Many countries struggle with the housework gender gap, but Japan is an extreme case. Japanese men spend the least time on chores and childcare among all the world’s wealthiest countries—just 41 minutes a day, compared to 3.7 hours each day put in by women.
And that’s bad for the economy. Japan’s workforce is shrinking and aging. To keep its economy growing, it needs more of its citizens to work, which means getting more women into the workplace. Nearly half of Japanese women quit their jobs after the birth of their first child.
To get mothers back to work, Japan’s government has focused on encouraging men to more fully share household responsibilities. In 2010, it passed one of the most generous parental leave policies in the world at a time when 99% of men took no time off at all after their partners gave birth. And it started a campaign called the “ikumen” project.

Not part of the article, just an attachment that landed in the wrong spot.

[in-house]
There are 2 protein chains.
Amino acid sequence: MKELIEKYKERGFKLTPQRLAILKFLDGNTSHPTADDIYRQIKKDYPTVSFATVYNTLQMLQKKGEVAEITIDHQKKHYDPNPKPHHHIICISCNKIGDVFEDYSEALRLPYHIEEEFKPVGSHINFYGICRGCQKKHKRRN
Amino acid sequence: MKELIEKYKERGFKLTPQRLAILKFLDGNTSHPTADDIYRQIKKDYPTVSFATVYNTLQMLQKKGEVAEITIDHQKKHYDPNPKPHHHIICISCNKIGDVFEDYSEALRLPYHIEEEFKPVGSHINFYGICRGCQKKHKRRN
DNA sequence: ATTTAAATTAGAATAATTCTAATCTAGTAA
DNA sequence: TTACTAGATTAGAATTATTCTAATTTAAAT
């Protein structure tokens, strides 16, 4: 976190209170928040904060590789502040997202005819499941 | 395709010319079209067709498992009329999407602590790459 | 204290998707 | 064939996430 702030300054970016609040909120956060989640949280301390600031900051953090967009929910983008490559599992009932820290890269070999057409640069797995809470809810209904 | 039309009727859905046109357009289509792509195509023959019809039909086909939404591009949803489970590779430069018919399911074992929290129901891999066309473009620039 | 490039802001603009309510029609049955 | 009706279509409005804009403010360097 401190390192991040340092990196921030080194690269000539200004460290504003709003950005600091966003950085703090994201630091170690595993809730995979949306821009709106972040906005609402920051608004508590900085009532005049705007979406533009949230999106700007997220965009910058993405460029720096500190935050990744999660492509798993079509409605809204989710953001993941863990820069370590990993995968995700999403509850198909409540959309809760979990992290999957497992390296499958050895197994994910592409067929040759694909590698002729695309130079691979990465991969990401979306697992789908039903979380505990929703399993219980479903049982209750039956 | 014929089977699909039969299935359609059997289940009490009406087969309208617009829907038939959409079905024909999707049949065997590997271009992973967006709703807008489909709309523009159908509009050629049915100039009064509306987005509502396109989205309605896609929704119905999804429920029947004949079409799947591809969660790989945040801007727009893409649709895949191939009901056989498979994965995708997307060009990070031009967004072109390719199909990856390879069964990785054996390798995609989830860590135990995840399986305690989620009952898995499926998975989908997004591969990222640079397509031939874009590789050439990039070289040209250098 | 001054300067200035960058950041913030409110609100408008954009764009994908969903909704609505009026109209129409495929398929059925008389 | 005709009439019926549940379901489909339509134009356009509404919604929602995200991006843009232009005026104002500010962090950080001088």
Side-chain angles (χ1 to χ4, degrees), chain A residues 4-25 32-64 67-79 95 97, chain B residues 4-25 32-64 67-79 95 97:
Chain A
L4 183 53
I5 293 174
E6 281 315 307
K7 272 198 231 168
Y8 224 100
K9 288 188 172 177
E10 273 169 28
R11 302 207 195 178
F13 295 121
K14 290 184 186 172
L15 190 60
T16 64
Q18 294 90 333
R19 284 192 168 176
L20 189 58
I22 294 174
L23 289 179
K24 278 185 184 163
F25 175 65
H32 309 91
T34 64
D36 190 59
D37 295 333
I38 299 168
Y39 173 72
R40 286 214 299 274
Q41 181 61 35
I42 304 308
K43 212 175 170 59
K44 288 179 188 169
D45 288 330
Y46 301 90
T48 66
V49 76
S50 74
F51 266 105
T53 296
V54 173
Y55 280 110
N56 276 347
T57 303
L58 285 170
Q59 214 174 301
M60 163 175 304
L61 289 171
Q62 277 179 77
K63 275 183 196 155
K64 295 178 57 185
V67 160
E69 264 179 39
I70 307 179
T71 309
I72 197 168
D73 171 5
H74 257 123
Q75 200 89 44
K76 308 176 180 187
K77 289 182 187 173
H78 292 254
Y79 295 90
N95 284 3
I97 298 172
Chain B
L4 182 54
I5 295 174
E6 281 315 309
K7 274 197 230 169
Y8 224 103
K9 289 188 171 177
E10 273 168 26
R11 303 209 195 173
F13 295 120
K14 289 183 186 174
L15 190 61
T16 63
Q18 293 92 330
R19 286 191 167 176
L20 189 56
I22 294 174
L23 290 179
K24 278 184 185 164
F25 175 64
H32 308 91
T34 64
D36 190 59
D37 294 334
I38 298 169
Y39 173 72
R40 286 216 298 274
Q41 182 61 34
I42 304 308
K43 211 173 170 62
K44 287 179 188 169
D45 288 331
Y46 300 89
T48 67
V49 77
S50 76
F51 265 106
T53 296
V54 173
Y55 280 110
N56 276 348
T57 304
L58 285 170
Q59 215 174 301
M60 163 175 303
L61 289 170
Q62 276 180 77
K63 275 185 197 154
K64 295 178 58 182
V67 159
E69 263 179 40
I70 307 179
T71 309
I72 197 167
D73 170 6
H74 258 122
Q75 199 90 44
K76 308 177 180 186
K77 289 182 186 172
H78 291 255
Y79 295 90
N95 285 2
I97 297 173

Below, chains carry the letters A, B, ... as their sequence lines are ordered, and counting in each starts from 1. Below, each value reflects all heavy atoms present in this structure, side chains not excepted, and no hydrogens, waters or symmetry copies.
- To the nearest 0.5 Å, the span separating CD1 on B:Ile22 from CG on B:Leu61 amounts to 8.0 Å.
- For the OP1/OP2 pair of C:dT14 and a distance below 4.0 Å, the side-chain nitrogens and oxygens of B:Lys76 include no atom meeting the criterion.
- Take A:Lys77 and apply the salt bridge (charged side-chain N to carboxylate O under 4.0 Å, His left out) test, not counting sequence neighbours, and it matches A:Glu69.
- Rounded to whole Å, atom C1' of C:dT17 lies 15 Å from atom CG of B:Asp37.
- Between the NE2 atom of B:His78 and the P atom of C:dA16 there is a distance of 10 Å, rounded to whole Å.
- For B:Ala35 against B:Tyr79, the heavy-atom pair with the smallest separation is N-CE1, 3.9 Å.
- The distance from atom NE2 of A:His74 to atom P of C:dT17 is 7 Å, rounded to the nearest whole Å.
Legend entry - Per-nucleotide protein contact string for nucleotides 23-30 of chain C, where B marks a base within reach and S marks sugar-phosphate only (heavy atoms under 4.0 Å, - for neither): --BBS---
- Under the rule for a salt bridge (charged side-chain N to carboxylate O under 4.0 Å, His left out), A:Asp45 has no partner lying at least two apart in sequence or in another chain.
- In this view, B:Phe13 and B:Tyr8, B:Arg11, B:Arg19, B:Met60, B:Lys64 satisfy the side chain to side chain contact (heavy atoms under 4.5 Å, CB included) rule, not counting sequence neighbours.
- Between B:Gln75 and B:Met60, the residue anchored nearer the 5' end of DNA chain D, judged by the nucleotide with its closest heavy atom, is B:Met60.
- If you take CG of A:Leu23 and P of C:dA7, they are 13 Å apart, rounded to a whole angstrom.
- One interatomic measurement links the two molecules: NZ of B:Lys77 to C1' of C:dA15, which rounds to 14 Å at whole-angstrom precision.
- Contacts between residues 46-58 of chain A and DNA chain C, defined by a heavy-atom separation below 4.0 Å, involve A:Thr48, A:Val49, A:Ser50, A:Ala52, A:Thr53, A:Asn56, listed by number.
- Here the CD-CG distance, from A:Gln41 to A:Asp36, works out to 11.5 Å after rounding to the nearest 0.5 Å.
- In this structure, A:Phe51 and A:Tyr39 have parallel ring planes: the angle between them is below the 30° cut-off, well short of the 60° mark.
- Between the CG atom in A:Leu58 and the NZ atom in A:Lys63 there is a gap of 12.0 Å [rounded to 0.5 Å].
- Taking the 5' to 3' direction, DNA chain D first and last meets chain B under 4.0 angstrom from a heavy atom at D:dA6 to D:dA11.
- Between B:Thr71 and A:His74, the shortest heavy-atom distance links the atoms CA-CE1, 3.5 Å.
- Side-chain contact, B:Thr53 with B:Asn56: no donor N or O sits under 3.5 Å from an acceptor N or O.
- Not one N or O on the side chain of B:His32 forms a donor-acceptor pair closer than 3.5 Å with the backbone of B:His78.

The term “ikumen” combines the Japanese words “iku,” which means childcare, and “ikemen,” a slang for hunk. The thinking goes: if childcare becomes sexy for men, more men will take parental leave, and women will have an easier time balancing work and children.
Eight years later, “ikumen” no longer needs an introduction in Japan, and women’s labor participation rate has increased significantly. Experts say the culture around fatherhood has changed dramatically. However, only about 5% of men actually take paternity leave. Where does the “ikumen” project fall short? What are the remaining obstacles to closing the housework gender gap?
Quartz News answers these questions by taking Quartz members inside the place where the “ikumen” project began. This is the second story in our two-part video series on Japan’s reckoning with its aging population. Watch the first story about Japan’s immigration overhaul here.